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Sun turns to National for GigE chip development

Posted: 01 Apr 2004 ?? ?Print Version ?Bookmark and Share

Keywords:national semiconductor? gigabit ethernet? media access control? sun microsystems? network?

National Semiconductor has combined proprietary Gigabit Ethernet media access control (MAC) technology from Sun Microsystems with it's own Gigabit Ethernet physical layer (PHY) core to develop a single-port controller that Sun will use in adapters, blade servers, and other network computing designs.

Sun has traditionally looked to add value to its computing and server designs by building it's own Ethernet MAC technology and filtering out the PHY layer to third-party analog players like National. However, as Sun looked to evolve its Gigabit Ethernet strategy and reduce costs, the company opted to hand its MAC IP to National so this IP could be combined with the GigPHYTER PHY in a single package, said Mike Noonen, VP of National's PC and Networking Group. "This allows them to be more cost competitive," Noonen said.

In addition to being cost competitive, Sun's partnership with National will allow the company to bring higher layers of integration to its board architectures. For example, Sun launched an adapter last month using the new chip that provided four Gigabit Ethernet ports - a product Noonen said would probably have not been developed with the previous two-chip architecture.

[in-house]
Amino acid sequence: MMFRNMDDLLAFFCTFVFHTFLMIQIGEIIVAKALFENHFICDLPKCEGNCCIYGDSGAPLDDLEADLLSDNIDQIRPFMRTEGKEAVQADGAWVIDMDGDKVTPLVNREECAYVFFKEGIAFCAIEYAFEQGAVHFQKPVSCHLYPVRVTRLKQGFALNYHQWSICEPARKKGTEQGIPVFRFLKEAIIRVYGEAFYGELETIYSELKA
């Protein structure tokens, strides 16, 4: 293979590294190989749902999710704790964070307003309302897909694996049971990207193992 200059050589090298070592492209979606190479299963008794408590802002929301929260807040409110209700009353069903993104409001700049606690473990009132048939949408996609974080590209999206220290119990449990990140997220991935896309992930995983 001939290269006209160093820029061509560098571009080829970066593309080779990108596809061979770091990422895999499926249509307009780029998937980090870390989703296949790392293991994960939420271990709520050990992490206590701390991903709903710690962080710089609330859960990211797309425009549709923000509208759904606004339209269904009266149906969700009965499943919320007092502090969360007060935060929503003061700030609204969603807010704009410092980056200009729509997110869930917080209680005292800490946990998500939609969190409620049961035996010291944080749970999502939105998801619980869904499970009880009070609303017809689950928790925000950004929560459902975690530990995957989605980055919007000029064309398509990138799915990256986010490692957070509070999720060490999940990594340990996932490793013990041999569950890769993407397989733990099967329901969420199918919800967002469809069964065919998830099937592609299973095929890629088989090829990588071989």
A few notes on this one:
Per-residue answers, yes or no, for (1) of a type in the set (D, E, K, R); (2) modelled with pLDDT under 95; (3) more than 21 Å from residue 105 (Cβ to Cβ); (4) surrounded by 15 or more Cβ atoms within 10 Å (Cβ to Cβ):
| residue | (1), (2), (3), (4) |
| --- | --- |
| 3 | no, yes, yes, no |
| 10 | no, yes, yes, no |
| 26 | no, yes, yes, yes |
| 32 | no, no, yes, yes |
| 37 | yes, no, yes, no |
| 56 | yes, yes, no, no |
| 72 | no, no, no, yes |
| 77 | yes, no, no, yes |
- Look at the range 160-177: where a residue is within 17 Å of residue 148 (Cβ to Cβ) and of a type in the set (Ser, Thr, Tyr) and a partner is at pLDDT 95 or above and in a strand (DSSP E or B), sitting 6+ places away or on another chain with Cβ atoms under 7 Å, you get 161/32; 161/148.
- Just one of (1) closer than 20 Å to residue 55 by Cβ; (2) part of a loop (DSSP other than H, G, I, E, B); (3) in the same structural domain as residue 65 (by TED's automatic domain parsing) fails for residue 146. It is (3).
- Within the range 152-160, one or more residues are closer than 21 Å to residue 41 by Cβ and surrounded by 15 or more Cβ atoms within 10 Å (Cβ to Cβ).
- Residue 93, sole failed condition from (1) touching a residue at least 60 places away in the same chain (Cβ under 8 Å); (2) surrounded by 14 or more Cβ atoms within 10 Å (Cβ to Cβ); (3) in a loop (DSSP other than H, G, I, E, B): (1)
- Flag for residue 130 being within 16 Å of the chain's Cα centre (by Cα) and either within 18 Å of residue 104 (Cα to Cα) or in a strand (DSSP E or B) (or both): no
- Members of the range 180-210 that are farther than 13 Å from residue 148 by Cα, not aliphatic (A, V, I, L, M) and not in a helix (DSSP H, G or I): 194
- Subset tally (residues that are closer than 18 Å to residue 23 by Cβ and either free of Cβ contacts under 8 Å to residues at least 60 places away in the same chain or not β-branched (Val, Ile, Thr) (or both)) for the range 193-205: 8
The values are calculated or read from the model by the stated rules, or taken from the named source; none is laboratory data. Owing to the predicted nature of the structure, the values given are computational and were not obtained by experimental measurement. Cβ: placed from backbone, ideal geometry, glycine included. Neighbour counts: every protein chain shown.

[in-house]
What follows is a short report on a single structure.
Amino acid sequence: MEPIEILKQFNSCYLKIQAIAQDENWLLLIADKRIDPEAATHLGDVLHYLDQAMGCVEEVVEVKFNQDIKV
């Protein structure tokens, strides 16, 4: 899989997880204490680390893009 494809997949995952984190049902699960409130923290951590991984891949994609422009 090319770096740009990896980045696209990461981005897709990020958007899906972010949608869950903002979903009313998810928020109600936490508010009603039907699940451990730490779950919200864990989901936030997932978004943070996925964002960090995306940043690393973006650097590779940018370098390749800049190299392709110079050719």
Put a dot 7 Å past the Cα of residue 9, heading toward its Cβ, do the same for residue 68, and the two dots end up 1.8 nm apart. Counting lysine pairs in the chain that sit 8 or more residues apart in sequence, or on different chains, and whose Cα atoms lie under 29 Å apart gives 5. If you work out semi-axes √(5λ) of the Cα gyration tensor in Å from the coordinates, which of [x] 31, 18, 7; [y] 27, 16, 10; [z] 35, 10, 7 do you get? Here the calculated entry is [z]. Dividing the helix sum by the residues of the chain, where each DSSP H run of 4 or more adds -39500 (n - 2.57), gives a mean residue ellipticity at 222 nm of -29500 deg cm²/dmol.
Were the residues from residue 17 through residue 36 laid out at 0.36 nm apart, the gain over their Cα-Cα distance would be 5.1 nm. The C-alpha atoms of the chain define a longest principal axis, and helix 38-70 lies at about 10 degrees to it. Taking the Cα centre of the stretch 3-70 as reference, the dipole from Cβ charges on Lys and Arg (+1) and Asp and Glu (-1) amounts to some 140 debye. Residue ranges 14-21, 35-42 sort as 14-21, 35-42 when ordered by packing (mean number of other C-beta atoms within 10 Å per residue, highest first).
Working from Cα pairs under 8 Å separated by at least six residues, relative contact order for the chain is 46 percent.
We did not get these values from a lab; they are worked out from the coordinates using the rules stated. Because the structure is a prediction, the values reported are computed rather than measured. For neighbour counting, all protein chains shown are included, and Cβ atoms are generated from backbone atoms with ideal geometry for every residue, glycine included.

To complement its efforts in reducing footprint and cost, National also took steps to reduce overall power consumption in the new chip design. Clearly, through integration, National has cut power through its new design. Additionally, Noonen said the company developed an optimized power management subsystem for the new Gigabit Ethernet controller.

From both of these efforts, National has been able to deliver a 1.75W typical power consumption on chip. In comparison, the two-chip solution drew 2.85W power.

The single-port Gigabit Ethernet controller will be developed in a 0.18?m process at National's South Portland, Maine plant. The chip has been implemented in a recent product in Sun's GigaSwift Ethernet adapter line.

- Robert Keenan

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